Fruit Flies Can Manuever Like Fighter Jets to Evade Predators
Posted on April 12, 2014
University of Washington researchers have determined that tiny fruit flies, which are about the size of a sesame seed, can maneuver like fighter jets to evade predators. The researchers used high-speed cameras to record fruit flies performing bank turns at rapid speeds after they encountered a looming image of an approaching predator. The flies can roll on their sites 90 degrees or more while in the midst of a banked turn.
Michael Dickinson, UW professor of biology and co-author of the paper published here in Science, says in a statement, "Although they have been described as swimming through the air, tiny flies actually roll their bodies just like aircraft in a banked turn to maneuver away from impending threats. We discovered that fruit flies alter course in less than one one-hundredth of a second, 50 times faster than we blink our eyes, and which is faster than we ever imagined."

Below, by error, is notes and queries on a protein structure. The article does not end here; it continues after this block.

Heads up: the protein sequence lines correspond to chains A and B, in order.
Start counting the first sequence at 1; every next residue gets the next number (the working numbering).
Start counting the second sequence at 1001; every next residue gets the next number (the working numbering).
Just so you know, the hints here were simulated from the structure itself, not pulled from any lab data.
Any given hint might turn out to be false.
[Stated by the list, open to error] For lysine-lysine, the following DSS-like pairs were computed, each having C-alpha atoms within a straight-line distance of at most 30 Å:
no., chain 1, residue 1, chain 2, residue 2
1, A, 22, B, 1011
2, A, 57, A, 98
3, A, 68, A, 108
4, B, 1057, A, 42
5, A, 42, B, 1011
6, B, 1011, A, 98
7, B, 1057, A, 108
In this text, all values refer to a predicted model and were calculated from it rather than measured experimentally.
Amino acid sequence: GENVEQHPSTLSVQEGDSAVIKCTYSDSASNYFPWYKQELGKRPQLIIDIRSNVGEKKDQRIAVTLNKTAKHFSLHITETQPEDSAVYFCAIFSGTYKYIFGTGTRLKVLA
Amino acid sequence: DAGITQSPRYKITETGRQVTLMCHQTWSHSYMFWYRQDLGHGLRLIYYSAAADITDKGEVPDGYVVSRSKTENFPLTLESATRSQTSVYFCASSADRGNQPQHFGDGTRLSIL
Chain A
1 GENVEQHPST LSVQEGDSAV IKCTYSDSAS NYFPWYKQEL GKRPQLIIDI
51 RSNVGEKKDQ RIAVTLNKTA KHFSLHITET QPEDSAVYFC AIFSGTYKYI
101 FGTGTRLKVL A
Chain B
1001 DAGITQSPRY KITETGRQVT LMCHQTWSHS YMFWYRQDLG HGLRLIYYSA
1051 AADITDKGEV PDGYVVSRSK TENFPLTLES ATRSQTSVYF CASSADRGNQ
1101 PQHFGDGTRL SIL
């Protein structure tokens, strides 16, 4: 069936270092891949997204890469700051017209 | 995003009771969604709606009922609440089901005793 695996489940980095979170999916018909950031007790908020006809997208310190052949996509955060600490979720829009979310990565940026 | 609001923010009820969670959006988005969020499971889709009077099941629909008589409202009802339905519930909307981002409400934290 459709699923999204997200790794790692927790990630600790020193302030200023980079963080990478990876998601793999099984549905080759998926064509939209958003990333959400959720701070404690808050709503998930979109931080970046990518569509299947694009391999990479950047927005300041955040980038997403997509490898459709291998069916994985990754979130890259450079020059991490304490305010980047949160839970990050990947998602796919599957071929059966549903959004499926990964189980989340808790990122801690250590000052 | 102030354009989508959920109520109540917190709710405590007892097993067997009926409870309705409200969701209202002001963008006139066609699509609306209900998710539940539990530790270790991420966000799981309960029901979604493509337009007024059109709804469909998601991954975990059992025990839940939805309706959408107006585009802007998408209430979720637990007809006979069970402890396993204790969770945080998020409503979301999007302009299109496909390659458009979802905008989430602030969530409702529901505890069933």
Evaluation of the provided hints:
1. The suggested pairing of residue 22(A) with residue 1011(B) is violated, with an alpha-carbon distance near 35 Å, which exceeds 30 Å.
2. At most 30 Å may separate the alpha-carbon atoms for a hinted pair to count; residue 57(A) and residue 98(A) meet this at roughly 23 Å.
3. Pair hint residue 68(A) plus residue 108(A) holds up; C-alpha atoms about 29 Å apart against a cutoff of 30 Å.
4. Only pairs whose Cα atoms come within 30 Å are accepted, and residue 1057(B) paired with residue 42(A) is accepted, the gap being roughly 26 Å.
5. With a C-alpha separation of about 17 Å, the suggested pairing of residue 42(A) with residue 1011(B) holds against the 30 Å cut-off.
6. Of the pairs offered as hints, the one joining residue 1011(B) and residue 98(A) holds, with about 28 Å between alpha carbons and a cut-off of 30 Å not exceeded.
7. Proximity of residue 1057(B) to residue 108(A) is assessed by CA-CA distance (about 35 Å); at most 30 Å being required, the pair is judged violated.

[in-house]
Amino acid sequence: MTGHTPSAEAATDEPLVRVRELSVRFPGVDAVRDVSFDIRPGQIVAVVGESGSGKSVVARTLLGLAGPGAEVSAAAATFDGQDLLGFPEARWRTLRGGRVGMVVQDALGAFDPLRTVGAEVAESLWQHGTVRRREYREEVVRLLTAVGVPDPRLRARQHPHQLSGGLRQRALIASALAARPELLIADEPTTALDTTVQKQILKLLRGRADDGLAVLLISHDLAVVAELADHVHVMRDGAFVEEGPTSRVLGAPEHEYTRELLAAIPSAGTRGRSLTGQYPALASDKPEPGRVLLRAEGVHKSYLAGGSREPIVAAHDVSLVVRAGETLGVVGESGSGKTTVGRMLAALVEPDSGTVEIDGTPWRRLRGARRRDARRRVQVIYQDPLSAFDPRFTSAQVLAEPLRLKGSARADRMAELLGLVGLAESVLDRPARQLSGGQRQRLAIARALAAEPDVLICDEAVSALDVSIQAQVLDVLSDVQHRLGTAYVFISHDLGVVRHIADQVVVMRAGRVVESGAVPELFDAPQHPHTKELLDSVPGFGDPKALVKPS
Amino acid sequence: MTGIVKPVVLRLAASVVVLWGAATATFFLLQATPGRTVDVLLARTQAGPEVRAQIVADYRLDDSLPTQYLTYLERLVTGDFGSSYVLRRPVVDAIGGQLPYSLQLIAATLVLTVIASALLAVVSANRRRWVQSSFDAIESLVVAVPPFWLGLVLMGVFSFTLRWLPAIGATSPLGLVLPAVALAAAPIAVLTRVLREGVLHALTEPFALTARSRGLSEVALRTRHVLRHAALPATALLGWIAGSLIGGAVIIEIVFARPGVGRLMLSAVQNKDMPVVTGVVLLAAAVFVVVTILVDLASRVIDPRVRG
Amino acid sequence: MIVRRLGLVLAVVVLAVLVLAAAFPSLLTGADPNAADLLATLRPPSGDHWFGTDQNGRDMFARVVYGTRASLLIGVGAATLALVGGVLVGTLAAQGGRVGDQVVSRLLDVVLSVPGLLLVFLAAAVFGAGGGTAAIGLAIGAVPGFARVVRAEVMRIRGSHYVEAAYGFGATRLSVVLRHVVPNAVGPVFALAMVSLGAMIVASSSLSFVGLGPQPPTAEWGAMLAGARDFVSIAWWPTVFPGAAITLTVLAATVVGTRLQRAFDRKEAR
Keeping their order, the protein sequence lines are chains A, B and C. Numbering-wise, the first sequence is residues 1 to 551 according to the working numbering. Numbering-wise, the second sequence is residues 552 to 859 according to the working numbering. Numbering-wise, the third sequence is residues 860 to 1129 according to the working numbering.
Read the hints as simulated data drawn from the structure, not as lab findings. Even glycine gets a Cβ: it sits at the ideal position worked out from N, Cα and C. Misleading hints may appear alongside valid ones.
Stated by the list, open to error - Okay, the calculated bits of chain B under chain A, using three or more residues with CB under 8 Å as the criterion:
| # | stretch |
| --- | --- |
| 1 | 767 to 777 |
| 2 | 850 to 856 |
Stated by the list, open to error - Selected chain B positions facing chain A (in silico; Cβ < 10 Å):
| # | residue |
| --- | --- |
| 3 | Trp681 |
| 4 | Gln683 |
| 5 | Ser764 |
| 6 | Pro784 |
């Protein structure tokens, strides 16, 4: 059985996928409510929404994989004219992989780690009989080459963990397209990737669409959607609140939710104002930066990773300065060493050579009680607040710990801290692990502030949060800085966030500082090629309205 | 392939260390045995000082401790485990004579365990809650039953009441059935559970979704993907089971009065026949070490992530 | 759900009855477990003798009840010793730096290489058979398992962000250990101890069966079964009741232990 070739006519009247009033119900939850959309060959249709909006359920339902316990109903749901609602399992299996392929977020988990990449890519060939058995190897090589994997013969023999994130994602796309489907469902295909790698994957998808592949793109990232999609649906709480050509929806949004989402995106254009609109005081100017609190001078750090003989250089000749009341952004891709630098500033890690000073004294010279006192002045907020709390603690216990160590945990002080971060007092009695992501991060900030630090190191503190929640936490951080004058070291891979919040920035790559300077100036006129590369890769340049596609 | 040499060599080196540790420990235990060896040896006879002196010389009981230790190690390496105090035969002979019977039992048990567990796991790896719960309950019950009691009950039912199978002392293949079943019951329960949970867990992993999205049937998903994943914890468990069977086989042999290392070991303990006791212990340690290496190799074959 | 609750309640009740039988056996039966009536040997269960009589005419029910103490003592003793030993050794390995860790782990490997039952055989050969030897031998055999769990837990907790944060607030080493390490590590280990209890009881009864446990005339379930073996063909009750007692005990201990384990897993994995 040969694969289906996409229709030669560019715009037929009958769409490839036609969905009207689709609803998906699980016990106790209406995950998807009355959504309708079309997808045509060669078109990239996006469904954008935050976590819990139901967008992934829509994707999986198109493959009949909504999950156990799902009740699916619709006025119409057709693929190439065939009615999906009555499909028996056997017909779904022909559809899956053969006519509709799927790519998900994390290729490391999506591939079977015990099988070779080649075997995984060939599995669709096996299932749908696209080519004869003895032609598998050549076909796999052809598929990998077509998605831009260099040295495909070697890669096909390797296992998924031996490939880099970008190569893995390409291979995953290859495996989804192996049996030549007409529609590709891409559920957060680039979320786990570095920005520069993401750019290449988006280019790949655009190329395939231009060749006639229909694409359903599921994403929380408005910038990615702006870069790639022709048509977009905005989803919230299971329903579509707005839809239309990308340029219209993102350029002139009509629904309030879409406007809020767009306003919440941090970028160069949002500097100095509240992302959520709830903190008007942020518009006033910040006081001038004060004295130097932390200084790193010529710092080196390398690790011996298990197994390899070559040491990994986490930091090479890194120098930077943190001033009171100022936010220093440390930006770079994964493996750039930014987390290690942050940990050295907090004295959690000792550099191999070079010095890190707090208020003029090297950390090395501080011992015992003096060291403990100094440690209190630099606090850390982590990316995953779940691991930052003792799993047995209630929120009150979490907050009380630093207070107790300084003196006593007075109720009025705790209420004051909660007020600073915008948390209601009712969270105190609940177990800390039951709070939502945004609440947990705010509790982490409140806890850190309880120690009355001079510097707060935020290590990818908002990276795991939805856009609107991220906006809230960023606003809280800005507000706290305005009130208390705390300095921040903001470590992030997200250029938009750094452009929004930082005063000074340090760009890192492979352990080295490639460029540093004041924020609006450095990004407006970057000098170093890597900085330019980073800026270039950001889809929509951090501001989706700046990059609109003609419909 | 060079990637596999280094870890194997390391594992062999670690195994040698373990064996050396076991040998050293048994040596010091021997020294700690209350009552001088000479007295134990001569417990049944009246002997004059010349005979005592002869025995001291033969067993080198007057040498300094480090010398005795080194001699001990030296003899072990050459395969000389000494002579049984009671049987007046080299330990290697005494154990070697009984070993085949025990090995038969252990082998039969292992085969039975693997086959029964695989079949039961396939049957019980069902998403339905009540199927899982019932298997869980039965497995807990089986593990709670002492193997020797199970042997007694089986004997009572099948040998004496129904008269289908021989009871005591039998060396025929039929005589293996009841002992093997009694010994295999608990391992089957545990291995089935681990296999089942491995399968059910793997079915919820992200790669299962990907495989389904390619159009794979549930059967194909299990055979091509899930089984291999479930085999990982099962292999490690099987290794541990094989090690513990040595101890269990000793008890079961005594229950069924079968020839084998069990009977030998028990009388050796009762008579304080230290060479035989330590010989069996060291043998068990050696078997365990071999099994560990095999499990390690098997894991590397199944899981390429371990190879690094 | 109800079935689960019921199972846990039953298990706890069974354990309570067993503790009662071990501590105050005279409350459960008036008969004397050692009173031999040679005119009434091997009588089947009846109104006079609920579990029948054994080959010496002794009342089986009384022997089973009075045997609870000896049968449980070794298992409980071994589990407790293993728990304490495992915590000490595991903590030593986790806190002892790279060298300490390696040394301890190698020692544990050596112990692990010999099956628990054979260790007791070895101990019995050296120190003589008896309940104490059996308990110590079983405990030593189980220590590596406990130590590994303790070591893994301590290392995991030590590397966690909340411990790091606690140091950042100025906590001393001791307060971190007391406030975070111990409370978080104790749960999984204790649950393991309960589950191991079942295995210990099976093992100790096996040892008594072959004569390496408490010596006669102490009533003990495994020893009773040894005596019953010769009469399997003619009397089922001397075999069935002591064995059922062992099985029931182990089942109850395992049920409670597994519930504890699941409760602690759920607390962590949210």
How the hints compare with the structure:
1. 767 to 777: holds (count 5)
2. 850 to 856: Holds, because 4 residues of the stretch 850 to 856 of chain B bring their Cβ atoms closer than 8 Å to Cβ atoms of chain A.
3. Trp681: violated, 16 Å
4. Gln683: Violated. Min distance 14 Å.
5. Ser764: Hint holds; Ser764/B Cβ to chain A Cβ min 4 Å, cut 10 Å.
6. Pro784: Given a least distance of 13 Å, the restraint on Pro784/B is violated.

The video below was captured with high-speed cameras capable of capturing 7,500 frames per second, or 40 frames per wing beat. The footage has been slowed down 300 times. The final segment can be viewed in 3-D with red/cyan glasses. Take a look:
Photo: F Muijres/U of Washington
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